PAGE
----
Taken literally, and as I have previously mentioned here, how is it possible to even consider a God of love in the Old Testament of the Holy Bible? God repeatedly slays his people for disobedience. First, He brings a cataclysmic flood on disobedient man, which, save for eight people, completely annihilates the entire human race from off the face of the earth. After delivering the Israelites out of Egypt, He gets very angry when they, in the face of unfamiliarity and desperation, seek to return to the familiar territory (back to Egypt) from which they came. As a consequence, God slays “His chosen people Israel” in the wilderness. Yet we read:
“Behold, the LORD’S hand is not shortened, that it cannot save; neither his ear heavy, that it cannot hear: but your iniquities have separated between you and your God, and your sins have hid his face from you, that he will not hear” (Isaiah 59:1-2).
How, then, can anyone be saved, as we are all “born in sin and shapen in iniquity” (Psalms 51:5).
“For if ye love them which love you, what reward have ye? do not even the publicans the same? And if ye salute your brethren only, what do ye more [than others]? do not even the publicans so? Be ye therefore perfect, even as your Father which is in heaven is perfect” (Matthew 5:46-48).
The Purpose of the Scriptures
“All scripture is inspired of God, and is profitable for doctrine, for reproof, for correction, for instruction in righteousness, that the man of God may be perfect and complete, lacking nothing” (2 Tim. 3:16-17). But again:
The natural man cannot understand the things of God,
neither can he know them, for they are spiritually discerned.
Contrast Between Spiritual and Physical
One of the great tests of spirituality is to “love God with ALL your heart, soul, mind and strength, and love your neighbor as yourself, for on these two commands hang ALL the law and the prophets.” One of the many reasons this is of critical importance is that it is very easy, when focusing on our own salvation, to condemn others who aren’t doing what we are doing, or what we think they should be doing. If you can ask yourself “why would God love me more than any other,” and not be able to think of a good reason in answer to that question, you are well on your way to understanding the unconditional love of God, and that He would NEVER leave his creation (you) in the hands of men, for “cursed be the man that trusts in man” (Jer. 17:5).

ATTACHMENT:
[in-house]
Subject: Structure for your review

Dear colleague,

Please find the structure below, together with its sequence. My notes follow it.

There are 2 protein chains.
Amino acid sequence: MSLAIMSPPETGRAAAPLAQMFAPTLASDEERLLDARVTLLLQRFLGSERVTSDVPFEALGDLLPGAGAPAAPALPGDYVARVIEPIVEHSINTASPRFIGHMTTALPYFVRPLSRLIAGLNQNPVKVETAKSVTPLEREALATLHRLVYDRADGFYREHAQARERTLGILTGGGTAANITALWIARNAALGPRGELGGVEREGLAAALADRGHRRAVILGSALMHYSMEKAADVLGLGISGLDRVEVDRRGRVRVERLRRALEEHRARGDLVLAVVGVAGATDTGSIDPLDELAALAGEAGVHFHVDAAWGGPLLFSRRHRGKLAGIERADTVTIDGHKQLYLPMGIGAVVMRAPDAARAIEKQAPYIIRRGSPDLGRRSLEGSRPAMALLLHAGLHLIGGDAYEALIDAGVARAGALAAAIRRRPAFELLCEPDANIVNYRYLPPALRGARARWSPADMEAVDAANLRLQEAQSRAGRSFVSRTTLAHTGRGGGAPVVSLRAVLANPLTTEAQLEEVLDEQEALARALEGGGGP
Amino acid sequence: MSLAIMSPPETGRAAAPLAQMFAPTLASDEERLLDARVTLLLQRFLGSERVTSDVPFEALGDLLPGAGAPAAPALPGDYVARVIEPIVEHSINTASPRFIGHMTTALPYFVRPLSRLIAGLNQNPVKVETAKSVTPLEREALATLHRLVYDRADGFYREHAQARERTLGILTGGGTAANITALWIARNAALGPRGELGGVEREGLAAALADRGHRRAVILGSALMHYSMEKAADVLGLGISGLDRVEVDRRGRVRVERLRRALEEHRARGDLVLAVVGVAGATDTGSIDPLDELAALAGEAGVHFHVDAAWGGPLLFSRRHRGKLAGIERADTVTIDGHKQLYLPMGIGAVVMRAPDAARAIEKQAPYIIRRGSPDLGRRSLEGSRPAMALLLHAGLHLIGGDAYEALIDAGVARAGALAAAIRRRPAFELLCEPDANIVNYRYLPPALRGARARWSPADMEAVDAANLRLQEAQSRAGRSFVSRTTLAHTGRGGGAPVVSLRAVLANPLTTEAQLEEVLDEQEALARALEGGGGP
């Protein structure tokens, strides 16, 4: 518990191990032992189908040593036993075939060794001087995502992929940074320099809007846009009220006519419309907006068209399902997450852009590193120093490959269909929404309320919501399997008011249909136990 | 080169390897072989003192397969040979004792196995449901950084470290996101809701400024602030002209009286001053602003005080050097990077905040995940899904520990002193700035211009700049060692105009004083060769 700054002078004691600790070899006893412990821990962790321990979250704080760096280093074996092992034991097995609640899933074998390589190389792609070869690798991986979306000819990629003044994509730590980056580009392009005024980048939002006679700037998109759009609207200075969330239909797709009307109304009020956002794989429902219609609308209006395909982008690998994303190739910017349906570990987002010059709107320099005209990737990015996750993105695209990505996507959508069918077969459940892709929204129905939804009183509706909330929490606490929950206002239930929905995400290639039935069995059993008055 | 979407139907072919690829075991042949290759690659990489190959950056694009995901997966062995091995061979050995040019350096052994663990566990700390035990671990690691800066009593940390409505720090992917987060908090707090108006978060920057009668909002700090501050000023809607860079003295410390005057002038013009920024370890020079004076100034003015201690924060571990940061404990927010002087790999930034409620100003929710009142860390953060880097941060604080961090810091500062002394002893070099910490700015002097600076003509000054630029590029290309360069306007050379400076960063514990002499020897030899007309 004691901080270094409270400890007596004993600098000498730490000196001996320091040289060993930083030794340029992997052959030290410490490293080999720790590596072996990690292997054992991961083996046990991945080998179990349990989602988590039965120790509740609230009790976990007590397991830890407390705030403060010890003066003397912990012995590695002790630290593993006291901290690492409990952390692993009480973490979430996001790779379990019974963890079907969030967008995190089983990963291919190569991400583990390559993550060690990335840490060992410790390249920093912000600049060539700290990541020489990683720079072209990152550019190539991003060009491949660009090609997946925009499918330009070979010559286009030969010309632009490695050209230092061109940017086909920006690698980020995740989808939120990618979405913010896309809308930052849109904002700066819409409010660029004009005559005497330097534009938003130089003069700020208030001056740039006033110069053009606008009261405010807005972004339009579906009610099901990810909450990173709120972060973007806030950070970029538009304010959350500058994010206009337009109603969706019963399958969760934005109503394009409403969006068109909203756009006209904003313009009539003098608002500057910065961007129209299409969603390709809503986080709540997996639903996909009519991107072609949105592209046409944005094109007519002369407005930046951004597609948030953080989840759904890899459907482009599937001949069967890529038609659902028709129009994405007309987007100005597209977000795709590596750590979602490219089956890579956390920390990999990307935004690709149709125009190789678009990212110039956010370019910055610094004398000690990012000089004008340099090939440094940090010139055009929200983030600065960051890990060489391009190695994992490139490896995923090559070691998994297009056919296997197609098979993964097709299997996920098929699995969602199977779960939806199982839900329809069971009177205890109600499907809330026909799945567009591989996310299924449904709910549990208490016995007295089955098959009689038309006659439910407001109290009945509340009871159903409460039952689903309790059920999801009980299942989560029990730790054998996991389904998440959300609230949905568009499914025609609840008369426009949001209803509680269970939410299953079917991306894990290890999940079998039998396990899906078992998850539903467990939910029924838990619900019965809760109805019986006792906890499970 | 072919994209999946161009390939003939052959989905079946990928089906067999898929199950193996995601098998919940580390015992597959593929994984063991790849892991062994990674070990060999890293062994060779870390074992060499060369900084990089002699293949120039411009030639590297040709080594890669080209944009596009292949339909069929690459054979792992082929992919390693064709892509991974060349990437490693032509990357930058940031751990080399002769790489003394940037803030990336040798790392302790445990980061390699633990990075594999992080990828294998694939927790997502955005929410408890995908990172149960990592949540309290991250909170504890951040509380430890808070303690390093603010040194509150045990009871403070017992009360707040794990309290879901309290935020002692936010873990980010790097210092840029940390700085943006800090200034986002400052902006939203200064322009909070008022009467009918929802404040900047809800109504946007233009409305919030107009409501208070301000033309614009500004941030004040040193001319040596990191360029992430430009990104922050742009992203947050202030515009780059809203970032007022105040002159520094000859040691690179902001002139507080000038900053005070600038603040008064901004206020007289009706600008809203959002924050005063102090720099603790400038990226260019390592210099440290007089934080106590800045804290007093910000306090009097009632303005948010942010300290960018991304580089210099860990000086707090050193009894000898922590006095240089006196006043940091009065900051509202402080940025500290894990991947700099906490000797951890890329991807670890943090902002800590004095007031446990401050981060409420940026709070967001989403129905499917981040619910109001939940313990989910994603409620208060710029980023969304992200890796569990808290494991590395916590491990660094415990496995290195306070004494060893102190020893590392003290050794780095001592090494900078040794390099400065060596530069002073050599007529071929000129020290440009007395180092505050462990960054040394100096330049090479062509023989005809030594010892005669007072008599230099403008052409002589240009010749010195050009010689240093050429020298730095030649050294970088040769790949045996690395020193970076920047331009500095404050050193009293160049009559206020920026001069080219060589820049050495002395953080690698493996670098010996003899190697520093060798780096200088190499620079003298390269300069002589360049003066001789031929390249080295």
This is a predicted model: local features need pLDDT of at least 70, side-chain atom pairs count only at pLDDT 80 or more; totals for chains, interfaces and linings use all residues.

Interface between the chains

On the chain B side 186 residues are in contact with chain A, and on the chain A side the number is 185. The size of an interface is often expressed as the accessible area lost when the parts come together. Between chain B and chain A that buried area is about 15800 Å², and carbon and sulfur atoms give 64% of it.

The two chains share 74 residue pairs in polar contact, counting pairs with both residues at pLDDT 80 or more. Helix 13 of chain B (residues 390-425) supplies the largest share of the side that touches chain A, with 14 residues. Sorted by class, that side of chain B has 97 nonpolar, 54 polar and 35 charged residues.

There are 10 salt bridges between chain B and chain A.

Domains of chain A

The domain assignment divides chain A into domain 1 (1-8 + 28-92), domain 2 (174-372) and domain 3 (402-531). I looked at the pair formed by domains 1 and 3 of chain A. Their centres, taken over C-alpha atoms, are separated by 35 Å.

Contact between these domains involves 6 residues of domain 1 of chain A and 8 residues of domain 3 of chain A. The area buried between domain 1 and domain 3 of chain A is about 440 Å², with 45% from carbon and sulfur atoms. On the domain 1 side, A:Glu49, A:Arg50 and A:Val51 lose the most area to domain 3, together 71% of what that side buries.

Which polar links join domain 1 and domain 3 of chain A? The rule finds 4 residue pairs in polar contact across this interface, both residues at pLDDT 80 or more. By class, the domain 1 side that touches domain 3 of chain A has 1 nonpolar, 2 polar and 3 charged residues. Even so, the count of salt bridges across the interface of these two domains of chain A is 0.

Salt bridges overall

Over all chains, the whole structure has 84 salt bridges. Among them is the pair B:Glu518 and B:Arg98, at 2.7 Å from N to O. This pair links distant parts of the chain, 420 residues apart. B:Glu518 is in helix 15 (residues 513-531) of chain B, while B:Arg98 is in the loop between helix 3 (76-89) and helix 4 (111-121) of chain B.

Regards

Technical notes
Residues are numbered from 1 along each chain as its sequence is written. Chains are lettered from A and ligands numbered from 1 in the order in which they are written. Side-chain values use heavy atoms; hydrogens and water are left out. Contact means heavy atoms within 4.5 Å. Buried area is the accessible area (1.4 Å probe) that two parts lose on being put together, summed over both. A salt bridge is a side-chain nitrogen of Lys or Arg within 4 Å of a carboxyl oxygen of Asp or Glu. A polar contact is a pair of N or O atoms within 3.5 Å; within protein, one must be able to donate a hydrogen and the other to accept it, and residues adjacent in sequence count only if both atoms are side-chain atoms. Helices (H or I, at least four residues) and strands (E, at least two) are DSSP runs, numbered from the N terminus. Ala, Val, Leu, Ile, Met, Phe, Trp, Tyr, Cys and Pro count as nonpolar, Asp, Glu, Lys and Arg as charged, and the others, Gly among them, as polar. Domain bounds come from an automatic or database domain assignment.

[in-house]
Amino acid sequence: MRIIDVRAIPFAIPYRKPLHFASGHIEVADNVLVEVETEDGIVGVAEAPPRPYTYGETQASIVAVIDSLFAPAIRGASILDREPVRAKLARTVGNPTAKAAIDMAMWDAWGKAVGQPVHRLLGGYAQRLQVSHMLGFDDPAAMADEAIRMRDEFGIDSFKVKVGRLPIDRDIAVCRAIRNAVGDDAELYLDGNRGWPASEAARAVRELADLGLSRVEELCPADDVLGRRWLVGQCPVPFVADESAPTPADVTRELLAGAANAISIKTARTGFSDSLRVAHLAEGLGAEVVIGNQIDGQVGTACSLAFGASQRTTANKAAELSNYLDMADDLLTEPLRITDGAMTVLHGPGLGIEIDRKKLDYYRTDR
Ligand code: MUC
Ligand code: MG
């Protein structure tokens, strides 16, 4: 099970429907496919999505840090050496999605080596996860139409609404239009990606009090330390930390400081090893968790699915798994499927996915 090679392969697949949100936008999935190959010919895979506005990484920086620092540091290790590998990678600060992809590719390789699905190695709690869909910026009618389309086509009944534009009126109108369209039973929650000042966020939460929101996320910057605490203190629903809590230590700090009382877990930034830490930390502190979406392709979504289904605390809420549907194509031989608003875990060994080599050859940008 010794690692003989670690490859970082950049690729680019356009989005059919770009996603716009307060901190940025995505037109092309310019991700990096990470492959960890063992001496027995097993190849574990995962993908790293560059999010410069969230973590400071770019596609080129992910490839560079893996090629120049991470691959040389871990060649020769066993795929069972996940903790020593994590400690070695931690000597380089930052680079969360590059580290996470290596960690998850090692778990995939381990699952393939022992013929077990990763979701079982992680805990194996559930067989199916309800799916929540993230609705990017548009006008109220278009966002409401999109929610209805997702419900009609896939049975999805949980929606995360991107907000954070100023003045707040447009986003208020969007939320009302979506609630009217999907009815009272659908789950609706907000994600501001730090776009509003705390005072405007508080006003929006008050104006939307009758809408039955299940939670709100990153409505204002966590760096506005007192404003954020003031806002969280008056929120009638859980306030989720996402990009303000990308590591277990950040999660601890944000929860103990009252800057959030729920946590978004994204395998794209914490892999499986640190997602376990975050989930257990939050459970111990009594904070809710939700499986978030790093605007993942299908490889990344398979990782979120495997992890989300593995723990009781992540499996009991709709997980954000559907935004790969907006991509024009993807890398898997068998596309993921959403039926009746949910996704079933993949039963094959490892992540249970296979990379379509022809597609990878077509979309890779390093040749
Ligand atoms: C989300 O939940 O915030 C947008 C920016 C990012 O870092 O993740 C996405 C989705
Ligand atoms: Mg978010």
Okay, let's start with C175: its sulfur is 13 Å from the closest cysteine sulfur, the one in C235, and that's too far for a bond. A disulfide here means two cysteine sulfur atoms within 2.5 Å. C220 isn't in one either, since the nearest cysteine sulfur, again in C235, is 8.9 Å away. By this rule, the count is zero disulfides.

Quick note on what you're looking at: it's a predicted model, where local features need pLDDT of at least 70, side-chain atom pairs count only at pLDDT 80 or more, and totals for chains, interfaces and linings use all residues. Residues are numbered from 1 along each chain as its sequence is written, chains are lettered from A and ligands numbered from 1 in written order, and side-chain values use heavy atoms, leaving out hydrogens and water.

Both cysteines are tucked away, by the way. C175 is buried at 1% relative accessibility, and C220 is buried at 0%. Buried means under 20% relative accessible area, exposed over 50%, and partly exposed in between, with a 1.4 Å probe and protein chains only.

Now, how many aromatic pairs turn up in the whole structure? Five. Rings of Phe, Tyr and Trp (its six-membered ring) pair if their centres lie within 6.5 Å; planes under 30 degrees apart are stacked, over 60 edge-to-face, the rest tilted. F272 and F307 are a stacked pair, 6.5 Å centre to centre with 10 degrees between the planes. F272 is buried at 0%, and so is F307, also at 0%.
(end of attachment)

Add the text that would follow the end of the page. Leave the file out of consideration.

We must learn to discriminate when studying the scriptures. “The simple believe every word” (Prov. 14:15). Indeed, in interpreting them literally, we create God in the image and likeness of mortal man” (i.e., mad, which the mind of man certainly is in seeking to interpret scripture in the literal vein). No, there is incredibly deep spiritual meaning and intent, immense wisdom and depth of insight in the spiritual messages regarding the law of God, which we shall uncover in various locations within this website. Among other things, it is imperative that we bring common sense to the table in seeking to understand the things of God, which are not literally (naturally), but spiritually discerned. Well, we can understand this perfectly on the spiritual plane, but relying on literal interpretation (which is how the scholars and religious teachers interpret and explain it), “literally” ties us in knots!!! God help us to understand! The natural man cannot understand the things of God, neither can he know them, for they are spiritually discerned.